What We're Reading

We asked Labor Notes staffers and friends which labor books are on their nightstands these days. Here's a sample.

Homegoing, a novel by Yaa Gyasi, follows 300 years of history through the stories of the descendants of two sisters torn apart by the African slave trade. One sister stays in Ghana and one is brought to the U.S. One memorable character begins working in a coal mine as a prisoner, in conditions not too different from slavery. When he is released he keeps working alongside white workers in the mines of Pratt City, Alabama, and gets involved in the union during a strike over wages and safety. He eventually becomes a union leader. The heartbreaking stories follow U.S. history through slavery, the Jim Crow South, the Great Migration, and the civil rights and Black Power movements, all told alongside the parallel Ghanaian narrative leading to the present day.—Samantha Winslow

Want to know why it’s hard for so many workers to eke out a decent living? Read David Weil’s The Fissured Workplace: Why Work Became So Bad for So Many and What Can Be Done to Improve It. Weil details the great American corporate scam to subcontract work—and skirt even the most basic responsibility for workers’ well-being—in nearly every industry under the sun, from cell tower maintenance to lumping boxes for Walmart to packing Hershey’s candy to installing cable. Along with subcontracting go franchising and the misclassification of workers as independent contractors. The Obama administration—where Weil served as the Department of Labor official responsible for overseeing wage and hour violations—made some efforts to hold large corporations responsible for these practices. That’s all likely to be thrown out under Trump.—Dan DiMaggio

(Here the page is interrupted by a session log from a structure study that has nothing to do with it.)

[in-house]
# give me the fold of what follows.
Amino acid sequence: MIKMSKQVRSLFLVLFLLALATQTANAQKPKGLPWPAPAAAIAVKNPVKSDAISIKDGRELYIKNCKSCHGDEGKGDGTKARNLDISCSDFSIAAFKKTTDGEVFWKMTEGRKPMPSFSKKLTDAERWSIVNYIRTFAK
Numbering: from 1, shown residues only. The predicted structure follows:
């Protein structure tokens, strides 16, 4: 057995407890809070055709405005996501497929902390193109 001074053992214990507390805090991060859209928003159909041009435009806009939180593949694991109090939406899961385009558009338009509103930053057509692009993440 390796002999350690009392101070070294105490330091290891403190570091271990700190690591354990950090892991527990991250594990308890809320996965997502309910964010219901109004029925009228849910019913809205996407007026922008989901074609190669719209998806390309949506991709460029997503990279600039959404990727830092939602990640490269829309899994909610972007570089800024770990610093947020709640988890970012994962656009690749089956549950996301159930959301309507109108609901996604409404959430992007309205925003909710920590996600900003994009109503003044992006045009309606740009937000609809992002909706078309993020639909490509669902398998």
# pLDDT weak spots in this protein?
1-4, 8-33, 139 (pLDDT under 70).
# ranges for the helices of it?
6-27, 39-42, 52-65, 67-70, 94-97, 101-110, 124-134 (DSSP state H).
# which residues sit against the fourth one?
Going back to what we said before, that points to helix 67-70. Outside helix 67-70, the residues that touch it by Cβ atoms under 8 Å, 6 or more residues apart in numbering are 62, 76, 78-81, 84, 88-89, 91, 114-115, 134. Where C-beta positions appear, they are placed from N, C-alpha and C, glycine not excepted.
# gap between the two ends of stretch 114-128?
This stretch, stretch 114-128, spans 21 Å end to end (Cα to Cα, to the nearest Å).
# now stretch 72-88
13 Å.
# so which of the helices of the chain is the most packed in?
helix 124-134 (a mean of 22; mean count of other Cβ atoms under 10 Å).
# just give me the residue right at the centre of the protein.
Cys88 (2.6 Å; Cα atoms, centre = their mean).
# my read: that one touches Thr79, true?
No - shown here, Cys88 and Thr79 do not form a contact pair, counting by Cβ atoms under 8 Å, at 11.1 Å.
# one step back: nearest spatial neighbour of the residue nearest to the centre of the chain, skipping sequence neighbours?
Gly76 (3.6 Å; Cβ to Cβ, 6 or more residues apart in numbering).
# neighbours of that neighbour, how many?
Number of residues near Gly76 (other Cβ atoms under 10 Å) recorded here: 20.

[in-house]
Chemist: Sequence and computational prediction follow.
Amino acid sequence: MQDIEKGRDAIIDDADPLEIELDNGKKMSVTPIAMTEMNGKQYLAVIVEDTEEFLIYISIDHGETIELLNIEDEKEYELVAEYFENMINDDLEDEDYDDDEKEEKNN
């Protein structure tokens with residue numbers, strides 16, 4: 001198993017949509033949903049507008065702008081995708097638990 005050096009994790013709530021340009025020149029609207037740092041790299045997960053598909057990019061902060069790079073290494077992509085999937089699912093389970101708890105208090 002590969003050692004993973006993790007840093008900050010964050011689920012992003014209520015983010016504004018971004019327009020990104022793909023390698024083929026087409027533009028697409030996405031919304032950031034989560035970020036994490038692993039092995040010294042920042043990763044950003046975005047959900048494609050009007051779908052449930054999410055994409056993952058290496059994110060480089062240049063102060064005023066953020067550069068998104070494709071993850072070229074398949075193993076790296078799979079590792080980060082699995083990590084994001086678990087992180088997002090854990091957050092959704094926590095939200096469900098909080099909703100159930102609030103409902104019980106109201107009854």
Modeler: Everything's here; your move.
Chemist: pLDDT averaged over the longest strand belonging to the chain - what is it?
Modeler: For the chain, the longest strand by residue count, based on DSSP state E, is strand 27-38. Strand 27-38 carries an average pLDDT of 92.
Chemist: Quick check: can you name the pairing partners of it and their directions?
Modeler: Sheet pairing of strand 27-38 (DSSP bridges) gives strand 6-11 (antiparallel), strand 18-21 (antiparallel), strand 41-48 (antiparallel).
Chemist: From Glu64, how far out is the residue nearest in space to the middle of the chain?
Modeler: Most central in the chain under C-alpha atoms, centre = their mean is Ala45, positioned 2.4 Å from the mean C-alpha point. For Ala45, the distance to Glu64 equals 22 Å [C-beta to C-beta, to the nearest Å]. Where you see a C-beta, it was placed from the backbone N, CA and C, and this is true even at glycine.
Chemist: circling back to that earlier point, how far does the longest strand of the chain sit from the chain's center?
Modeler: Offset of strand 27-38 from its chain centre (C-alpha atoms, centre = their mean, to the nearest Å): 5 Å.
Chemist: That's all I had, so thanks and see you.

You aren’t paranoid, they really are out to get us. That should be the tagline to Jane Mayer’s Dark Money: The Hidden History of the Billionaires Behind the Rise of the Radical Right, a captivating work of investigative journalism that will introduce you to a cast of sleazy political operatives and think-tank charlatans all in the employ of two arch-enemies of unions and the working class: Charles and David Koch. Mayer is an artful writer and gives an engrossing account of how these two right-wing billionaires spent decades and hundreds of millions of dollars moving their extreme libertarian politics from the political fringes to the very heart of today’s Republican Party.—Chris Brooks

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Union Power: The United Electrical Workers in Erie, Pennsylvania, by James Young, is a history of the UE locals at General Electric, but it focuses on the McCarthy era, and how these locals survived it with their militancy and their organization intact, while so many other unions were smashed or tamed. The style is fast-moving, and the activists are vividly portrayed. These same locals are now fighting GE’s plan to transfer locomotive production to its non-union plant in Fort Worth, Texas, eliminating 570 jobs in Erie.—Marian Swerdlow

Can you imagine a strike by 5,000 extremely poor Black and white cotton pickers in Arkansas in 1935? They walked out right at harvest time and won raises of 25 to 50 percent. This was the era of Ku Klux Klan rule, so the Southern Tenant Farmers’ Union had to organize in secret, distributing bundled leaflets under cover of darkness. To identify themselves members used a secret handshake and the phrase, “I am for a worker’s world.” One obstacle was persuading white farmworkers to join a union with African Americans; another was lynch mobs that sometimes chased organizers out of town. Nonetheless the union grew to 30,000-40,000 members, decades before the civil rights movement. In Sharecropper’s Troubadour: John L. Handcox, the Southern Tenant Farmers’ Union, and the African American Song Tradition, Mike Honey tells this fascinating story through the biography of organizer and self-taught songwriter John Handcox, who wrote “Roll the Union On.” –Alexandra Bradbury